I look at things from a real life tactical perspective. I use pressure switches on my duty weapons, and used them in the military as well. There is nothing like having a light or laser come on before your ready for it to do so and giving your position away.
I know that your using this on a 15-22 and probably not that likely to use it in a real life-n-death situtation, but you never know.
I know a lot of people mount the switch on the hand grip and think its looks cool, but mounting it so the full hand covers it in a shooting grip mode is actually the worse place to put it. The best place to mount it is so it takes an intentional movement of a finger (or thumb) to activate it without changing your grip (much), and where its not activated accidently just because you gripped too hard in an "exciting" moment. One thing you learn in the real life tactical world real fast is that cool looking does not translate to reliability and dependability in a critical moment. Aside from this factor, you can also prolong the switch life in the pressure switch by not gripping it every time you grab that hand grip - the less times there is pressure on the switch the longer it will last (generally).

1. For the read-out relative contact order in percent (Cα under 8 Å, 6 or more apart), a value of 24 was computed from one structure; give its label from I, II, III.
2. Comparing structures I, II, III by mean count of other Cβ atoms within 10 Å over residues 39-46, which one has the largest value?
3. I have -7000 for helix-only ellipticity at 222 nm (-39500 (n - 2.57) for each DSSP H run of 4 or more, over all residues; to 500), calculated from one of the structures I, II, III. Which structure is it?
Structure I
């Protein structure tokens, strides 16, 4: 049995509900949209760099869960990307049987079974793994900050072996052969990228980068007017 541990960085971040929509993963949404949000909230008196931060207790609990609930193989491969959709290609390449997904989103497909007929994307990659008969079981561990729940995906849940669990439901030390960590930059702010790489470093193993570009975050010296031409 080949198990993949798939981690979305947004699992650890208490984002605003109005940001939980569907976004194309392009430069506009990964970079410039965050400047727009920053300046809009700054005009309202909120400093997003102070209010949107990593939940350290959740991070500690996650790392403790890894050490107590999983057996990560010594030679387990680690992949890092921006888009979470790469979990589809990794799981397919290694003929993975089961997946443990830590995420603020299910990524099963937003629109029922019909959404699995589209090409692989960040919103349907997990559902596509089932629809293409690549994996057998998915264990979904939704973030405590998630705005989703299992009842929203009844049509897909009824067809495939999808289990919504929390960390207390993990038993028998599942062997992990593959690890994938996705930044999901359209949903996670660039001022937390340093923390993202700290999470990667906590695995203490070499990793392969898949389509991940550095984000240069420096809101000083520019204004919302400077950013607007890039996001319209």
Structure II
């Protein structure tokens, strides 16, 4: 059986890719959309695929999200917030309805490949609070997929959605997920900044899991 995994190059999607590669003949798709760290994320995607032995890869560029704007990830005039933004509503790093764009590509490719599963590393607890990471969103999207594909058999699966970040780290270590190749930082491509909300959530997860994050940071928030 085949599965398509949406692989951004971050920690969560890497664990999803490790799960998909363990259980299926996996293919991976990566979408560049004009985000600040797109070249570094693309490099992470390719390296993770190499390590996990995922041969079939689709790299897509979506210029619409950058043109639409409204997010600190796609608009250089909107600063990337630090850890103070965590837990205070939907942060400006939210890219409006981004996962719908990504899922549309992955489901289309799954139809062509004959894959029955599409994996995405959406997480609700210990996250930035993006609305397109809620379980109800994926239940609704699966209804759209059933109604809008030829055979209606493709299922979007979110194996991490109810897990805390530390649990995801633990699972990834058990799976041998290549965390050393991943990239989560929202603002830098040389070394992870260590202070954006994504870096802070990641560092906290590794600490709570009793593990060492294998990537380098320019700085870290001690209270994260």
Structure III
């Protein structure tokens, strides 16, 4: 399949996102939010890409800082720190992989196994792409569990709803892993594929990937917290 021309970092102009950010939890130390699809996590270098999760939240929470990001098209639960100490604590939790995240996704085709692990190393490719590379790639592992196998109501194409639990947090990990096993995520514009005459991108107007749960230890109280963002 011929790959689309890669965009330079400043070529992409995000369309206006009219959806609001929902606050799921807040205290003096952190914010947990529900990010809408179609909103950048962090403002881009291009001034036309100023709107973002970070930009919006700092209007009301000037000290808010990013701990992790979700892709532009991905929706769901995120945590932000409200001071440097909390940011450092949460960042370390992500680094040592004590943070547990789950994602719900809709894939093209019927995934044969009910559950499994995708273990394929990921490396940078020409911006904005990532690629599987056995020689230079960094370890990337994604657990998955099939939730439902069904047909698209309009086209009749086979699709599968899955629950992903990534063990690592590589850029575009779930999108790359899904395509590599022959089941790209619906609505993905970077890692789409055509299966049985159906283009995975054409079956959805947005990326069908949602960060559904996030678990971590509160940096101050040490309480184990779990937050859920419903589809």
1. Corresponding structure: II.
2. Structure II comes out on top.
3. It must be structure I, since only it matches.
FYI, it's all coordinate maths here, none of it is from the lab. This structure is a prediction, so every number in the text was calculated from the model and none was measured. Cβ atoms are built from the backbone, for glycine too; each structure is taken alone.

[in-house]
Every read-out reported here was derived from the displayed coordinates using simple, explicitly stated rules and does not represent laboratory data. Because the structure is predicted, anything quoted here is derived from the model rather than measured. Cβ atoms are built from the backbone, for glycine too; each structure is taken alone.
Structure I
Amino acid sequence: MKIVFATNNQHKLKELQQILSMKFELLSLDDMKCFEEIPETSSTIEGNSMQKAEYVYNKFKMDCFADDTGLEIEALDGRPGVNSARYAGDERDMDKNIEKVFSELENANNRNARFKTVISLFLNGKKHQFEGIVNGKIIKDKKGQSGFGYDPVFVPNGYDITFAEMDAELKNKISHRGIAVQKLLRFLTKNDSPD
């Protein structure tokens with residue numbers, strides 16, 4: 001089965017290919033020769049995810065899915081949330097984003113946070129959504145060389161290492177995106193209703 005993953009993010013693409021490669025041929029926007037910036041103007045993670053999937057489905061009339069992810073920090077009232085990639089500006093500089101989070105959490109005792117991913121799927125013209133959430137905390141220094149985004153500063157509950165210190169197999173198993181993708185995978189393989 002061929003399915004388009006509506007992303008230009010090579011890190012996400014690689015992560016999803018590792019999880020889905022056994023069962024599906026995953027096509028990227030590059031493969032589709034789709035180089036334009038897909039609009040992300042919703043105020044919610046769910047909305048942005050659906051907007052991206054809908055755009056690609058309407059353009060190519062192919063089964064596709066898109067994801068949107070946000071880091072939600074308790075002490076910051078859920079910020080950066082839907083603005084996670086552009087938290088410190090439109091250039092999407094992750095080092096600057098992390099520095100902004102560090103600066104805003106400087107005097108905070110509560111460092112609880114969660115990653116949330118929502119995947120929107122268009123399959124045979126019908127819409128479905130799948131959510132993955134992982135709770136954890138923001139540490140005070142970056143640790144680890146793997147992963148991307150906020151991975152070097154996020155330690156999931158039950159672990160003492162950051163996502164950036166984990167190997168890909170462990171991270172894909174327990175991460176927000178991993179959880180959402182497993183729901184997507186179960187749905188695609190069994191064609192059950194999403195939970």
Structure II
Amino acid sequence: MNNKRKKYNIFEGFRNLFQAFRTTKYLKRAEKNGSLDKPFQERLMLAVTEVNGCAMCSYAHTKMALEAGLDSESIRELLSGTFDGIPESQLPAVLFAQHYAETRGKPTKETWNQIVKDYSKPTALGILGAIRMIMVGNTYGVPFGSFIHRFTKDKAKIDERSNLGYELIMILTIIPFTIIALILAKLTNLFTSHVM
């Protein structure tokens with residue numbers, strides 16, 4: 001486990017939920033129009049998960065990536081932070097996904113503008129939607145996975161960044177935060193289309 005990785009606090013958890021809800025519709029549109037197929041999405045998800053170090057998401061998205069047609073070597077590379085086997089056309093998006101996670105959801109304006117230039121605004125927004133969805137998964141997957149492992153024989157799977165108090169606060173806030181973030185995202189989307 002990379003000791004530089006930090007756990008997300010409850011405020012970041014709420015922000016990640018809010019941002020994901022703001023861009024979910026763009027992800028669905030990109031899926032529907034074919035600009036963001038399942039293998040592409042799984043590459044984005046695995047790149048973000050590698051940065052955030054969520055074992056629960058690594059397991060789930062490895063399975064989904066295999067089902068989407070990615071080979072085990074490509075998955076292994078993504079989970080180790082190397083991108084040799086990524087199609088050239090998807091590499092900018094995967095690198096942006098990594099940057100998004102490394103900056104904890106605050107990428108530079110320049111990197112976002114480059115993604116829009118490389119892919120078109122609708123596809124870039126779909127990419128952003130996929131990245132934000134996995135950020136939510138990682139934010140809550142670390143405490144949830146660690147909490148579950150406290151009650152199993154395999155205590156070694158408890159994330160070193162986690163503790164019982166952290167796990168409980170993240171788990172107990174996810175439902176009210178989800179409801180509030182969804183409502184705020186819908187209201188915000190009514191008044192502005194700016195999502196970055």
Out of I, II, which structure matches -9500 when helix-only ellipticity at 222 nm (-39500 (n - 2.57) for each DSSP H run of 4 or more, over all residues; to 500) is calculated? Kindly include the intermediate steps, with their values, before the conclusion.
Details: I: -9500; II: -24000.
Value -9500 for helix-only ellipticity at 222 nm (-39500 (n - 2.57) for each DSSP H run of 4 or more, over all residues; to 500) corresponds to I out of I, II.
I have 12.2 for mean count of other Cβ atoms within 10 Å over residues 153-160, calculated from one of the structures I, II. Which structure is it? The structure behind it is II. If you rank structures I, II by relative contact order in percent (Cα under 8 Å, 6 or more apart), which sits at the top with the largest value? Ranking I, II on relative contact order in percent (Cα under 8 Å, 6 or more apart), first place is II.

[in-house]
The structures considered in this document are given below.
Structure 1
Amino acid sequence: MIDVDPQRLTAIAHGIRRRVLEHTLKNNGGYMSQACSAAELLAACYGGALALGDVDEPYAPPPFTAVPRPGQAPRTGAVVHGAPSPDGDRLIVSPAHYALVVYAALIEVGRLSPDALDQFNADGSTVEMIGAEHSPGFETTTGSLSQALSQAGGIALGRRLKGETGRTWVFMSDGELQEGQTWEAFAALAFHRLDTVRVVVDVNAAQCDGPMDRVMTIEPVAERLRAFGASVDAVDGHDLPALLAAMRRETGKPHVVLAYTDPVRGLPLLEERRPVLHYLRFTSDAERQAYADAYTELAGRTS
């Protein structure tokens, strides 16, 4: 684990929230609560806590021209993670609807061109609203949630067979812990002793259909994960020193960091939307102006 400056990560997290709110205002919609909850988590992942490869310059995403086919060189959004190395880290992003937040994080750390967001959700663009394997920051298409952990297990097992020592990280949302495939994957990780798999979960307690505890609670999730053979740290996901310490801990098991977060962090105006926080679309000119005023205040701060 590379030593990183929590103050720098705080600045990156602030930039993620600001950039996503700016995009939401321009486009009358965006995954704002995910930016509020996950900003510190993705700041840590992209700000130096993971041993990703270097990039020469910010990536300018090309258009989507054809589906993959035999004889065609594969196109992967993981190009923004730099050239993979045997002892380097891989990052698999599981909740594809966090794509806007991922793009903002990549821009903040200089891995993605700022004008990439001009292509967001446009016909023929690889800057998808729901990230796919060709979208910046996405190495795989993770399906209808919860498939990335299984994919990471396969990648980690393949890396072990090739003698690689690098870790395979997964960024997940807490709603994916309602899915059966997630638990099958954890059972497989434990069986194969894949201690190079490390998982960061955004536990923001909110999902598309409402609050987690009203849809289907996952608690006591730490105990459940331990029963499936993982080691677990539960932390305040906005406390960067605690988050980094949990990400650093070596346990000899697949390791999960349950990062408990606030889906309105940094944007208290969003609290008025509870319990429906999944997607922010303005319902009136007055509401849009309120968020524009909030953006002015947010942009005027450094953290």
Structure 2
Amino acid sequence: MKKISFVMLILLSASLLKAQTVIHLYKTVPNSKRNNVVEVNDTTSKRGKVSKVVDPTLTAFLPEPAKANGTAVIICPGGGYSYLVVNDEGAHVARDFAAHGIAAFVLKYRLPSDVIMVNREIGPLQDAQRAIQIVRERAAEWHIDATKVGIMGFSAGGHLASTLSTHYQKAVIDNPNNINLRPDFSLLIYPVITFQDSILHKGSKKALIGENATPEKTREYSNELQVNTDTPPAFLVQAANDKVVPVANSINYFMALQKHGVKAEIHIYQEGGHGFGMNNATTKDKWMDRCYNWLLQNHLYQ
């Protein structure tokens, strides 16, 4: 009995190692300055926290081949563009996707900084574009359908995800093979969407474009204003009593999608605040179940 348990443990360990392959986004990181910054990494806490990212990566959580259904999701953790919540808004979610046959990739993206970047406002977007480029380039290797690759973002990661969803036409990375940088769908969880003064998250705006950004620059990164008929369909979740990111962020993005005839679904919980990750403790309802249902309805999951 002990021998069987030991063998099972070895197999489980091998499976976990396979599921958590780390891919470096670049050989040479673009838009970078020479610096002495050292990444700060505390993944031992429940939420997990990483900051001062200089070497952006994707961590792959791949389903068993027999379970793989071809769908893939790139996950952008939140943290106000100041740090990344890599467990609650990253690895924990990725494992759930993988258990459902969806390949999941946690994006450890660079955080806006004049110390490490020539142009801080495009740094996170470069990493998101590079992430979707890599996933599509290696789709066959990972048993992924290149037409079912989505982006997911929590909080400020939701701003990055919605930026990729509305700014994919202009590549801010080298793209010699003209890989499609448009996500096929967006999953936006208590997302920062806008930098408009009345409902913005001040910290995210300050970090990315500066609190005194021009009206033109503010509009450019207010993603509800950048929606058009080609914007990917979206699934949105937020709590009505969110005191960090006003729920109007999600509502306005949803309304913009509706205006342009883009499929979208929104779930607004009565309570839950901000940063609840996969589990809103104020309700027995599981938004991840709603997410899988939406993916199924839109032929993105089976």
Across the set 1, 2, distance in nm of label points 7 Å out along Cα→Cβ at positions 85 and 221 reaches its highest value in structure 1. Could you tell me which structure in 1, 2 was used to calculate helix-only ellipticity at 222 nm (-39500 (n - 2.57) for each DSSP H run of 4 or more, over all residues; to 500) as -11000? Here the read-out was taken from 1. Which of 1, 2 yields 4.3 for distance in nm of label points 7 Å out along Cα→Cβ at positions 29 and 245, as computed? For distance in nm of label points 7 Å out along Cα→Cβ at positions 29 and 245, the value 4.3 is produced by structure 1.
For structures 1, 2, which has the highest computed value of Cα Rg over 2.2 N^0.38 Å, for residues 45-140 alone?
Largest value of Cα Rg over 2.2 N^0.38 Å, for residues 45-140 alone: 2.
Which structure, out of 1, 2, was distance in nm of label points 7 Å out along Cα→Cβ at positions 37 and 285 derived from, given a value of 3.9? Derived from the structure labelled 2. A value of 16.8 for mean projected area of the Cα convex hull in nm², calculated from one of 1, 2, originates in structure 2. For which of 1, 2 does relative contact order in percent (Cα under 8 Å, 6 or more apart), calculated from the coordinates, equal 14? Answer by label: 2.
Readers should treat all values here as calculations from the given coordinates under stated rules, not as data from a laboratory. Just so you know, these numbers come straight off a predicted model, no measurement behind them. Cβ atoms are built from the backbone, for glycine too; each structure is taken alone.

Another thing about the cord for the pressure switch, a lot of people "dress" them up to be nice and tight. You don't want to do that, you want a little slack. The reason is that if you get it too tight, the slighest snagging against clothing or anything else may damage it at the device end or at the switch end by pulling physical electrical connections internal to the device or switch loose which may not be evident from an outside visual inspection.
Another thing you don't want to do is to have the cord "tight" against a weapon part corner or edge. Repeated movement or pressure or snagging, with it rubbing against the weapon part, can damage the cable internally. You also do not want the cord "trapped" between any edges or parts, the cord at these points should be able to move freely and not be "held in place" by a clamping action of some point from sandwiching between parts.
You want the cord a little loose but not some large loop of cord just flopping around, about 1/4 inch maximum of looseness at any point on the cord and around weapon parts.